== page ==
Monday, October 02, 2006

Islam, Immigration, Assimilation

Wide awake and lying in bed at 3:30 a.m. this morning, I was thinking about the attitudinal shifts that immigrant populations undergo when they move to America, and whether this was an issue with Muslims who move to a new country. Sure enough, this morning's Der Spiegel has an interview that references the problem of attitudinal shifts:

SPIEGEL: But how do you expect to draw the third generation away from the influence of the mosques?

Tibi: I don't have any clear idea either about how this should be done. The situation is this: young Muslims want to be "members of the club," part of German society. But they are rejected. And parallel societies provide warmth. It is a vicious circle.

The first generation moves to a country and tries to set up a mini-homeland (think Chinatown). The second generation rejects the first generation's strategy and does everything it can to assimilate into the mainstream. The third generation rejects their parents' assimilative notions and tries to return to the values of their grandparents. In America, by the fourth generation, the assimilative cultural forces are too strong to overcome.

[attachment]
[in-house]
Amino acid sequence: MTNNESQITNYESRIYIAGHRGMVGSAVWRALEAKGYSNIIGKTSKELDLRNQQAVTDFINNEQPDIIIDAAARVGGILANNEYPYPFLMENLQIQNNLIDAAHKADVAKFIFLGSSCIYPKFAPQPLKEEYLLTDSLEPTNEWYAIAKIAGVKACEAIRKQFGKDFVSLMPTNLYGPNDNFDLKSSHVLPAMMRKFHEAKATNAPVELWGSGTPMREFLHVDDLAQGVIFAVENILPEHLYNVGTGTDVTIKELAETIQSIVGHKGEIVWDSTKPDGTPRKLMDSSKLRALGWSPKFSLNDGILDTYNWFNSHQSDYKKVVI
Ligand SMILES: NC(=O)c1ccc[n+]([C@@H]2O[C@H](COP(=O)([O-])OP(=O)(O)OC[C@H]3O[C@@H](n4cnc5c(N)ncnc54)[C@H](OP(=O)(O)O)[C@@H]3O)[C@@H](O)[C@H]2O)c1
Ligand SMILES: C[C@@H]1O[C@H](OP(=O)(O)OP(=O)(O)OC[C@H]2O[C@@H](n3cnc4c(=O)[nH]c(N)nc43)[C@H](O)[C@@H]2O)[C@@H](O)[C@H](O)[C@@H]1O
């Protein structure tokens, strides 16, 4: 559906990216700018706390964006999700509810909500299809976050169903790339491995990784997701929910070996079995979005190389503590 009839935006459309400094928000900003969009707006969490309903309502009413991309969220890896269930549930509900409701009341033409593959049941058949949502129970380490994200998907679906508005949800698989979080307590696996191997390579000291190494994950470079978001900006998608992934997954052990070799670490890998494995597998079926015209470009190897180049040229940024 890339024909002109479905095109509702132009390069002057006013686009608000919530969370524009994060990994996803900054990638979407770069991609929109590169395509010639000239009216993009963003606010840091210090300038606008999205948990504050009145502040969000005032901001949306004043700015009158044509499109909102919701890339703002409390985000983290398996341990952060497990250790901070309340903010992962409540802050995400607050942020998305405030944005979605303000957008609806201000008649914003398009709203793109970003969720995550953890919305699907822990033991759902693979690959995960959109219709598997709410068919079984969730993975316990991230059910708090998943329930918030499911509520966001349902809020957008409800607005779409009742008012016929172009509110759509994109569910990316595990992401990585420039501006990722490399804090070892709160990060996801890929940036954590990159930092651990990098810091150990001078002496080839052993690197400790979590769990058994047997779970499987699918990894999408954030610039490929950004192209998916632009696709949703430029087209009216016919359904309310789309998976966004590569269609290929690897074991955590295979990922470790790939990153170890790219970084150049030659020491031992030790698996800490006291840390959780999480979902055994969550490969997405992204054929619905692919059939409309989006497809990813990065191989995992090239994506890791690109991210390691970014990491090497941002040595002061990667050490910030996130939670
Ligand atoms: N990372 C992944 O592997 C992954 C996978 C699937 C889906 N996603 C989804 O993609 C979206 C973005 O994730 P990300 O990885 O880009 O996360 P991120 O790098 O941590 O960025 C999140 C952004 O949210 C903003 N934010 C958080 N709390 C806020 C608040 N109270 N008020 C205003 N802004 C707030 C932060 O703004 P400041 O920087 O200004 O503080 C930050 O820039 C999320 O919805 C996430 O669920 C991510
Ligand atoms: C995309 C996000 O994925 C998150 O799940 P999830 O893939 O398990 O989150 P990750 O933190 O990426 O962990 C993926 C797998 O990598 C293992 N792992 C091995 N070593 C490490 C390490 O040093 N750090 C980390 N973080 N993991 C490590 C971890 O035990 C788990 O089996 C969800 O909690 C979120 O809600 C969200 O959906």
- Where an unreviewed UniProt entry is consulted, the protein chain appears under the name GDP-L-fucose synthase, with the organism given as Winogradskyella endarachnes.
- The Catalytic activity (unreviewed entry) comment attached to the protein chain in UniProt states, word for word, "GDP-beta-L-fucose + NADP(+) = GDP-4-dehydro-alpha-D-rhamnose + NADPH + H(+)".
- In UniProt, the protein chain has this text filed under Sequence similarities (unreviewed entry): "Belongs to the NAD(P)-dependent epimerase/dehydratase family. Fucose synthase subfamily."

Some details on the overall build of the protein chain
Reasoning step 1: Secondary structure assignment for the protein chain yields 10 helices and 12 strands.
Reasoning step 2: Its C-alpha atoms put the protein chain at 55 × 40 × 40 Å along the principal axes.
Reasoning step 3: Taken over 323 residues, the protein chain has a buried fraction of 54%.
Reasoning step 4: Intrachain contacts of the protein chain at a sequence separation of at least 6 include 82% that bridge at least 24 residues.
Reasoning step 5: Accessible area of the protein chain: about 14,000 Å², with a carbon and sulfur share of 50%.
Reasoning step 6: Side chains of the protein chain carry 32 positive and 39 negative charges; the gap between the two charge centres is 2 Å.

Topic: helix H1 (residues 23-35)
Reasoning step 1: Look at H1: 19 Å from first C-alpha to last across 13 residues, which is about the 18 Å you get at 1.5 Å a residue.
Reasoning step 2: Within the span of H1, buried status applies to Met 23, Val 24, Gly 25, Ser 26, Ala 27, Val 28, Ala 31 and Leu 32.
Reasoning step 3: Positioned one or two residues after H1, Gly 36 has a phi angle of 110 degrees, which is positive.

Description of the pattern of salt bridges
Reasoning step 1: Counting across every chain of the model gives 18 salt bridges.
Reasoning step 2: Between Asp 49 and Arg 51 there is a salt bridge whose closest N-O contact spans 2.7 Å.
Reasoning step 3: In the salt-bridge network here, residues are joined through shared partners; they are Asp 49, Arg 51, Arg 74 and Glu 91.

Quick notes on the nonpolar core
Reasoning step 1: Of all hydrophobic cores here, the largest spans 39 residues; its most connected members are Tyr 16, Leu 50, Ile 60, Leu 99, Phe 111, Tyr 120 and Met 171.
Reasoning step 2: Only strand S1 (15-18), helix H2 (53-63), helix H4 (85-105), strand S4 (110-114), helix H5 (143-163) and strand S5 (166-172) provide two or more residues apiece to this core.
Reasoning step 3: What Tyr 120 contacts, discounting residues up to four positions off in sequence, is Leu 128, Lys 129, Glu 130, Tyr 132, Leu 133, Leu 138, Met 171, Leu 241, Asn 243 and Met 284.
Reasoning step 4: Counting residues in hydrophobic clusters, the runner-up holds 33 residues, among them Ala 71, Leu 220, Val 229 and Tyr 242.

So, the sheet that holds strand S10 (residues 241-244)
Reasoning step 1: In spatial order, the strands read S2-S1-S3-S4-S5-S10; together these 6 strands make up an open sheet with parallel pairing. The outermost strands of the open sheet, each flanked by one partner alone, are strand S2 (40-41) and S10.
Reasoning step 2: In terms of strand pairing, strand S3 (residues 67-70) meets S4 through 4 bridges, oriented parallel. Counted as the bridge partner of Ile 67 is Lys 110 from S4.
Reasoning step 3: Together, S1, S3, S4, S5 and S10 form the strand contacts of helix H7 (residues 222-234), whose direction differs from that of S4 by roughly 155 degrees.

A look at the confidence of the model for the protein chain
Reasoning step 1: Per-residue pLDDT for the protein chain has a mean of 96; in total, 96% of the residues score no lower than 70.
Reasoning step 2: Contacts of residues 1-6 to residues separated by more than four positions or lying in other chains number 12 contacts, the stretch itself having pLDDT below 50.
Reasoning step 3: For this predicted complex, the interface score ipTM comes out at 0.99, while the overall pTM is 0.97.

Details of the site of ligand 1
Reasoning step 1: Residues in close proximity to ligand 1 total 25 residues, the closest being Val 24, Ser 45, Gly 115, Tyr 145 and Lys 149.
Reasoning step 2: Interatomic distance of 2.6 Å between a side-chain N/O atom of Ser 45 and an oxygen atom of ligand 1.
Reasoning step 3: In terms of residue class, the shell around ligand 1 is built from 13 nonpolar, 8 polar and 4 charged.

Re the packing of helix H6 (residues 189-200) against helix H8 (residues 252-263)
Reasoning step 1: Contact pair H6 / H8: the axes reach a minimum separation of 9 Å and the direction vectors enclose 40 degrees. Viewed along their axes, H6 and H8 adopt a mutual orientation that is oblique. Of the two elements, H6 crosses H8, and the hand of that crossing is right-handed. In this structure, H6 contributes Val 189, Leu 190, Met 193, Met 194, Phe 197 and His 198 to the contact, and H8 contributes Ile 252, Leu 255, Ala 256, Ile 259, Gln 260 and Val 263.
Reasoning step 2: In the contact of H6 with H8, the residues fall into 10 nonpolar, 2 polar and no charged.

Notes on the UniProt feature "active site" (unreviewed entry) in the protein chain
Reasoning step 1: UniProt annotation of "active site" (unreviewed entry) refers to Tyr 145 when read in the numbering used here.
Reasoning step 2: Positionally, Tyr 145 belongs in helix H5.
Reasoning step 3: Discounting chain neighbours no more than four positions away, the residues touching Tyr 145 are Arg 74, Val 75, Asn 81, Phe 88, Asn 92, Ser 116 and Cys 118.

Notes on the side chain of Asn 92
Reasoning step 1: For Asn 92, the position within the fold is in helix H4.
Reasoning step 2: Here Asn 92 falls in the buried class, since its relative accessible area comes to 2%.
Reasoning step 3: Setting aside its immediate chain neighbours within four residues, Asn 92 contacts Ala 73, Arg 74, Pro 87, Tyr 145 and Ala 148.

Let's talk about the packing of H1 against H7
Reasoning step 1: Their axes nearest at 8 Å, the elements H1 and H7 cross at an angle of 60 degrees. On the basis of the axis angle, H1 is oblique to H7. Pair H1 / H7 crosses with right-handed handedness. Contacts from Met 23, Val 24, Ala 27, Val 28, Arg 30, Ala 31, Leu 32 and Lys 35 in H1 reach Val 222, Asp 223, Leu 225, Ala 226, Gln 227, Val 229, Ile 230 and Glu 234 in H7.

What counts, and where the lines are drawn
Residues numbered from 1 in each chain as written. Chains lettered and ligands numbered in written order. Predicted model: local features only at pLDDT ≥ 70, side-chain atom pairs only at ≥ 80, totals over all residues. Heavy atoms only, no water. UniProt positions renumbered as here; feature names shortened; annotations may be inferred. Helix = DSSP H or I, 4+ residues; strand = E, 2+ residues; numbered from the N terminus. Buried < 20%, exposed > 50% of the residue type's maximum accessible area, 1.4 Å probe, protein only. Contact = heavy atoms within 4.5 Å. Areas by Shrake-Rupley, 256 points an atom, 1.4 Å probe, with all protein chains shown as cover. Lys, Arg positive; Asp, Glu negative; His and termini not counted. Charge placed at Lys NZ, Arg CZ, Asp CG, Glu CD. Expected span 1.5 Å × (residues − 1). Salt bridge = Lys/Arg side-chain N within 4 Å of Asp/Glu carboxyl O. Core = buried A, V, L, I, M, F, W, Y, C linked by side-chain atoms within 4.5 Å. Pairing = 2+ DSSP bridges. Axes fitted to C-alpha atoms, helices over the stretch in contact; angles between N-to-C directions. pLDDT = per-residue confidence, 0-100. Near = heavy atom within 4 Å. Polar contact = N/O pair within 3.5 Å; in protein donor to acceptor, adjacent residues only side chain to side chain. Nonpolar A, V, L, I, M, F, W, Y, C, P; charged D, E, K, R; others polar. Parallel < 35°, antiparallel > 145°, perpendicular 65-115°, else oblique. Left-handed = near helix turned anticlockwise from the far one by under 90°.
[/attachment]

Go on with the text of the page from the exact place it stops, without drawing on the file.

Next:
Assimilation is the most powerful cultural force in America. That force is not present in Germany or in most other countries (Australia being one exception, and perhaps Canada--both countries with a history of encouraging immigration). Muslims cannot find ways to assimilate because those ways will not be provided. I now wonder if they would assimilate even if it were possible.

The rest of the article is spot on with regard to the way the Western half of the dialogue has no grasp of what the real Muslim intent is. Enough has been done and said at this point that it's no longer necessary to say what that intent "seems" to be.

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